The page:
Busuttil questions why ministers will be exempt from House absence fines when abroad

Opposition leader says proposal to fine MPs for missing Parliament will 'create one law for ministers and another for the rest of us animals'

Opposition leader Simon Busuttil has warned that discrepanices exist in a a government motion to fine MPs for missing Parliament sittings, in that it will exempt ministers from fines when they miss House sittings due to travel commitments.

He was speaking during a parliamentary debate on a government motion that calls, among others, for MPs to be fined €50 for every parliamentary session they miss. However, MPs who are abroad on parliamentary, government or official party business will be exempted from such fines.

Busuttil claimed that the government was proposing to exempt ministers from fines, arguing that “there will be one law for ministers and another law for the rest of us animals”.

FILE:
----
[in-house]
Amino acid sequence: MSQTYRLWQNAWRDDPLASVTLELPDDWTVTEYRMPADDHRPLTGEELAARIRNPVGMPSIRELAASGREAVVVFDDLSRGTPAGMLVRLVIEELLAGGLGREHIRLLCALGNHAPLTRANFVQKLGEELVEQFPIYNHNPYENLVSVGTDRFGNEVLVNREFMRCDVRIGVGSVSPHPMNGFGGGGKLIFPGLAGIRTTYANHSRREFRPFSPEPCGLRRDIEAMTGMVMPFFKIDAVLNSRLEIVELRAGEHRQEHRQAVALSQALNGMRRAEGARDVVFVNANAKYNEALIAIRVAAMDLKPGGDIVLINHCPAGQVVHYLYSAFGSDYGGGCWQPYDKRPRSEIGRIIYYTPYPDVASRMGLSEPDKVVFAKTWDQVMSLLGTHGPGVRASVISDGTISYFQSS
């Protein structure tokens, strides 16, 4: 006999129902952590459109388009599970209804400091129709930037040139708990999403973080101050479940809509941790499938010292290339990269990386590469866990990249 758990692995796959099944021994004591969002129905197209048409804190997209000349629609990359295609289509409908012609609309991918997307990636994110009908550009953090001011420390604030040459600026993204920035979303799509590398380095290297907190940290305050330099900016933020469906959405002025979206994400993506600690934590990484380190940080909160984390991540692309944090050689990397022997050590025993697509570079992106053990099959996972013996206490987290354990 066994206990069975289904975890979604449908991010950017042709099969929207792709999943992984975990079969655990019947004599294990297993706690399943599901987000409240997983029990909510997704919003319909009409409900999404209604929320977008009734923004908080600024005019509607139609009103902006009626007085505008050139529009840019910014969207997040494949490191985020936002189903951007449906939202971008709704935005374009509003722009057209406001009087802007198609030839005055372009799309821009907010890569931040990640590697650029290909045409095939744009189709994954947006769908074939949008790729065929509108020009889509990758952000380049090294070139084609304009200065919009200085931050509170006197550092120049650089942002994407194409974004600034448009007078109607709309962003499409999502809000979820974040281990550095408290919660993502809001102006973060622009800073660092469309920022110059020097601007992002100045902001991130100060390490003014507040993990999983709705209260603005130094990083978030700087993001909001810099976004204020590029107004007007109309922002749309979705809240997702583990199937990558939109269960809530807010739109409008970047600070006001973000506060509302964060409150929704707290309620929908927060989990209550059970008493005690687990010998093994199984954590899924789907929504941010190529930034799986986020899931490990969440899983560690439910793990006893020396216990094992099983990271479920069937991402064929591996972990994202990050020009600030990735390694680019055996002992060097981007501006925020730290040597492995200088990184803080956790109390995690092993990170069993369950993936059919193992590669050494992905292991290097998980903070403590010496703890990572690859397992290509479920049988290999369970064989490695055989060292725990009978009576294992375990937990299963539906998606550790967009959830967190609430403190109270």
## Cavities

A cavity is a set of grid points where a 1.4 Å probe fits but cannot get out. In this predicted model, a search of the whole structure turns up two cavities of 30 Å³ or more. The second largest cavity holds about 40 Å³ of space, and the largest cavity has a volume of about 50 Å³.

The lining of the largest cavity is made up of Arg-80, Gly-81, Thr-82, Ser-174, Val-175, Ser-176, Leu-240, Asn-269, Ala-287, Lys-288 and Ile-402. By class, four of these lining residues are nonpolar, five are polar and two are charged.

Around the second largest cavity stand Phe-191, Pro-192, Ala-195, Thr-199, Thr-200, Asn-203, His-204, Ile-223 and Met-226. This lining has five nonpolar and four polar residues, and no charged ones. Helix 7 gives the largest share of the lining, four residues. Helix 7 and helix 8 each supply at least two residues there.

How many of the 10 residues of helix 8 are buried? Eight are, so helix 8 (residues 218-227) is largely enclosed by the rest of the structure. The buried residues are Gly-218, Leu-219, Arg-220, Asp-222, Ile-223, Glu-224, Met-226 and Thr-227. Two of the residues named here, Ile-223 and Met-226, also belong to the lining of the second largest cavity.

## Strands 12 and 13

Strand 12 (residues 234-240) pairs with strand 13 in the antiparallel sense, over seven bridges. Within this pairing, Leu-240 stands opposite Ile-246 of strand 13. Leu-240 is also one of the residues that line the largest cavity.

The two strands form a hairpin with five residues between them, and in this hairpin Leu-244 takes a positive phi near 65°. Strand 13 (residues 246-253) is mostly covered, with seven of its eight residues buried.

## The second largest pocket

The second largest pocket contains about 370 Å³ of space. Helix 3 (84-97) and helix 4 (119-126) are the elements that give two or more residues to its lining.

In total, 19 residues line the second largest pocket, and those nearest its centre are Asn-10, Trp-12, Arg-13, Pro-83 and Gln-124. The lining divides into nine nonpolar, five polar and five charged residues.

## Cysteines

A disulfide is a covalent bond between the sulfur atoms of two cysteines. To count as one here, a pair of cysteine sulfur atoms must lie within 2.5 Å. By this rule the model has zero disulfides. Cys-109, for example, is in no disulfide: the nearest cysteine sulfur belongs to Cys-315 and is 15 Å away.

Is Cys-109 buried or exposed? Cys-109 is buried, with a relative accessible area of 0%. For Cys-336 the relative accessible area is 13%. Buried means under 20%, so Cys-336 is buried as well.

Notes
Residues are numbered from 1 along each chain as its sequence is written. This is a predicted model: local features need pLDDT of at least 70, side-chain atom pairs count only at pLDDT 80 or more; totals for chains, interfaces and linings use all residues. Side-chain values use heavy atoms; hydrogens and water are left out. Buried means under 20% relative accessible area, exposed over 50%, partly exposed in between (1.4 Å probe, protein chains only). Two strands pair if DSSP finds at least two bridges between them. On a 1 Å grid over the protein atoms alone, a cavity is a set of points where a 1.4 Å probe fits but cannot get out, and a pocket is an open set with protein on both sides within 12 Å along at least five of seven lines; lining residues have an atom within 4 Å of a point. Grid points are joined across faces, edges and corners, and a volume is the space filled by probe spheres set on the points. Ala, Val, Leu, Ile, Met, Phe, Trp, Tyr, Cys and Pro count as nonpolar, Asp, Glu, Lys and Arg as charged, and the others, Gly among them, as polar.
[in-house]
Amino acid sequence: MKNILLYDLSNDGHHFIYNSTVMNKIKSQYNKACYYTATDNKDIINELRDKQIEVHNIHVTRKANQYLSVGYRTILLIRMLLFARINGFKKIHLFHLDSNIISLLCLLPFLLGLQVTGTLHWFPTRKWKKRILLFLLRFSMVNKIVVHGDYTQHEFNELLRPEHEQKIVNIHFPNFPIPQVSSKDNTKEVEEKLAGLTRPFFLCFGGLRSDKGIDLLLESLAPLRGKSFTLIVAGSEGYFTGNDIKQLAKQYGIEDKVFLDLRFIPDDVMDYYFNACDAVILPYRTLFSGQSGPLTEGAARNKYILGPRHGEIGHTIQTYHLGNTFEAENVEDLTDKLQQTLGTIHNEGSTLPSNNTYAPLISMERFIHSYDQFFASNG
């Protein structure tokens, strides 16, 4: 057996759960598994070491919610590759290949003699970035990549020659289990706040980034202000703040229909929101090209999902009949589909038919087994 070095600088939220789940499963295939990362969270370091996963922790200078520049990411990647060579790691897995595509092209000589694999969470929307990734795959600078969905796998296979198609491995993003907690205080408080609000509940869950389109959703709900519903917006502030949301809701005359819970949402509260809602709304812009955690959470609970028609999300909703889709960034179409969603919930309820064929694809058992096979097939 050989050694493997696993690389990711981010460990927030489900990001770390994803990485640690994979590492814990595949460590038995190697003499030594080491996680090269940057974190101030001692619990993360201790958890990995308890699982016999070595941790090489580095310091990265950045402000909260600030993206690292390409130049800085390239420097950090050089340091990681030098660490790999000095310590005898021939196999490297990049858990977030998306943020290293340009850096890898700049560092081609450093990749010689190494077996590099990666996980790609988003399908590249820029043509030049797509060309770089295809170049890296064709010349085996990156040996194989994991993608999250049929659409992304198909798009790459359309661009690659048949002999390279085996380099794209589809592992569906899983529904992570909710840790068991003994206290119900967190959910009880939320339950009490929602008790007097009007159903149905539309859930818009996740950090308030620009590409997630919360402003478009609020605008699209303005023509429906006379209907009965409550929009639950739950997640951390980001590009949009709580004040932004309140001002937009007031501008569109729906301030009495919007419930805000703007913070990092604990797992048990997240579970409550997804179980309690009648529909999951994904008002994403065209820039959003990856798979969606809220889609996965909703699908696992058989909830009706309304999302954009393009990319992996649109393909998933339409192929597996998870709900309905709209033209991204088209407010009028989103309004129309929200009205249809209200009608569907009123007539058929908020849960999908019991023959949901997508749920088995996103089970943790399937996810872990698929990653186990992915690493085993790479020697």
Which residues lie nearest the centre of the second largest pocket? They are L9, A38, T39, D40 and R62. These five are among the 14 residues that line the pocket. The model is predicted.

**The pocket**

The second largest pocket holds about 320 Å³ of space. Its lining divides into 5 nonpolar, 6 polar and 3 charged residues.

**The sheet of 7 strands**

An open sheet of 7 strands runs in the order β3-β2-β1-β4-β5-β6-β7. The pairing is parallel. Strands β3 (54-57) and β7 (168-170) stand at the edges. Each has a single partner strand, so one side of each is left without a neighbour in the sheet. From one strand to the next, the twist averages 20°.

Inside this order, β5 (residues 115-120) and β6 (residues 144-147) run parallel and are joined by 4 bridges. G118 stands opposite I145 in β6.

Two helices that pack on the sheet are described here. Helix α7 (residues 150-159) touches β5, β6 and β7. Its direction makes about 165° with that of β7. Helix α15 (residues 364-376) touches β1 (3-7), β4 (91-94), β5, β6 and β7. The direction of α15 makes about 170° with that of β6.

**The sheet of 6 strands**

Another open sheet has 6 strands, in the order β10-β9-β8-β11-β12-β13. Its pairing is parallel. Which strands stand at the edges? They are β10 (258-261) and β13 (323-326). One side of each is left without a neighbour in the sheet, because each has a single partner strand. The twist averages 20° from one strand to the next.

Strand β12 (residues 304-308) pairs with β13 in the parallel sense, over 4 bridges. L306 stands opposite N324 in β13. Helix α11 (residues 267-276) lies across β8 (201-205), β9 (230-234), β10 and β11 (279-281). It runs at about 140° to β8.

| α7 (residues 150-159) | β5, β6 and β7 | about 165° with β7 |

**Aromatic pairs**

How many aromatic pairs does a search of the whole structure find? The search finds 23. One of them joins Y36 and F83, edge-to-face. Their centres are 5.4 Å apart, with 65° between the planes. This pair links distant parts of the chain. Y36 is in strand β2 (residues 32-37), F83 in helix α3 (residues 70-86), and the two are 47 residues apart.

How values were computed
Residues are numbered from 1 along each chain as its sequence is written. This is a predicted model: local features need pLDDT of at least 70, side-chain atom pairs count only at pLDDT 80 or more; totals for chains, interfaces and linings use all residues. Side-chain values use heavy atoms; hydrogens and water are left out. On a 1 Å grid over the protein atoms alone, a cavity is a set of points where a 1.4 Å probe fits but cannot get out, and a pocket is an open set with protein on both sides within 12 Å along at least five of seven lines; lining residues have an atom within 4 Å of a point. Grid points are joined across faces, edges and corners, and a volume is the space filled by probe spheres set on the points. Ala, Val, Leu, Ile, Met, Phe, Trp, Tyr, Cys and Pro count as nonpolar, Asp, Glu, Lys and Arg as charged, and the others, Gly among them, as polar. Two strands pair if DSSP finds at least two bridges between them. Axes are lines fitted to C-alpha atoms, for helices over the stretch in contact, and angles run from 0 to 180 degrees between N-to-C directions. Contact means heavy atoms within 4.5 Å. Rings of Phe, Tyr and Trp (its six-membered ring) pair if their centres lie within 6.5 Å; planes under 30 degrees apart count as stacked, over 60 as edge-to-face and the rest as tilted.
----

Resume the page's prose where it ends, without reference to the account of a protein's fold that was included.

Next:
Home affairs minister Carmelo Abela stood up on a point of order to argue that the exemptions will be applicable to all MPs, to which Busuttil responded: “Including for when you’ll be abroad”.

“For when we’re on government work, not on holiday,” Abela said, to which the PN leader retorted that “ministers’ work lies first and foremost inside the House, not abroad”.

Only five Labour MPs and eight Nationalist MPs were present for Busuttil’s speech, an irony that the Opposition leader did not fail to ignore.

 In his speech, Busuttil warned that government has “hijacked” practically every public institution and is attacking the last few independent ones – such as the Ombudsman and the Auditor General – that remain.

“Last week, [Labour MP] Michael Falzon launched a fascist attack on the Auditor General, but the Prime Minister didn’t comment about it at all,” he said, to which Labour MP Joe Debono Grech shouted back that “you know what fascism is”.

“A weak Auditor General means a weak public, and by defending these institutions the Opposition is defending citizens,” Busuttil said.

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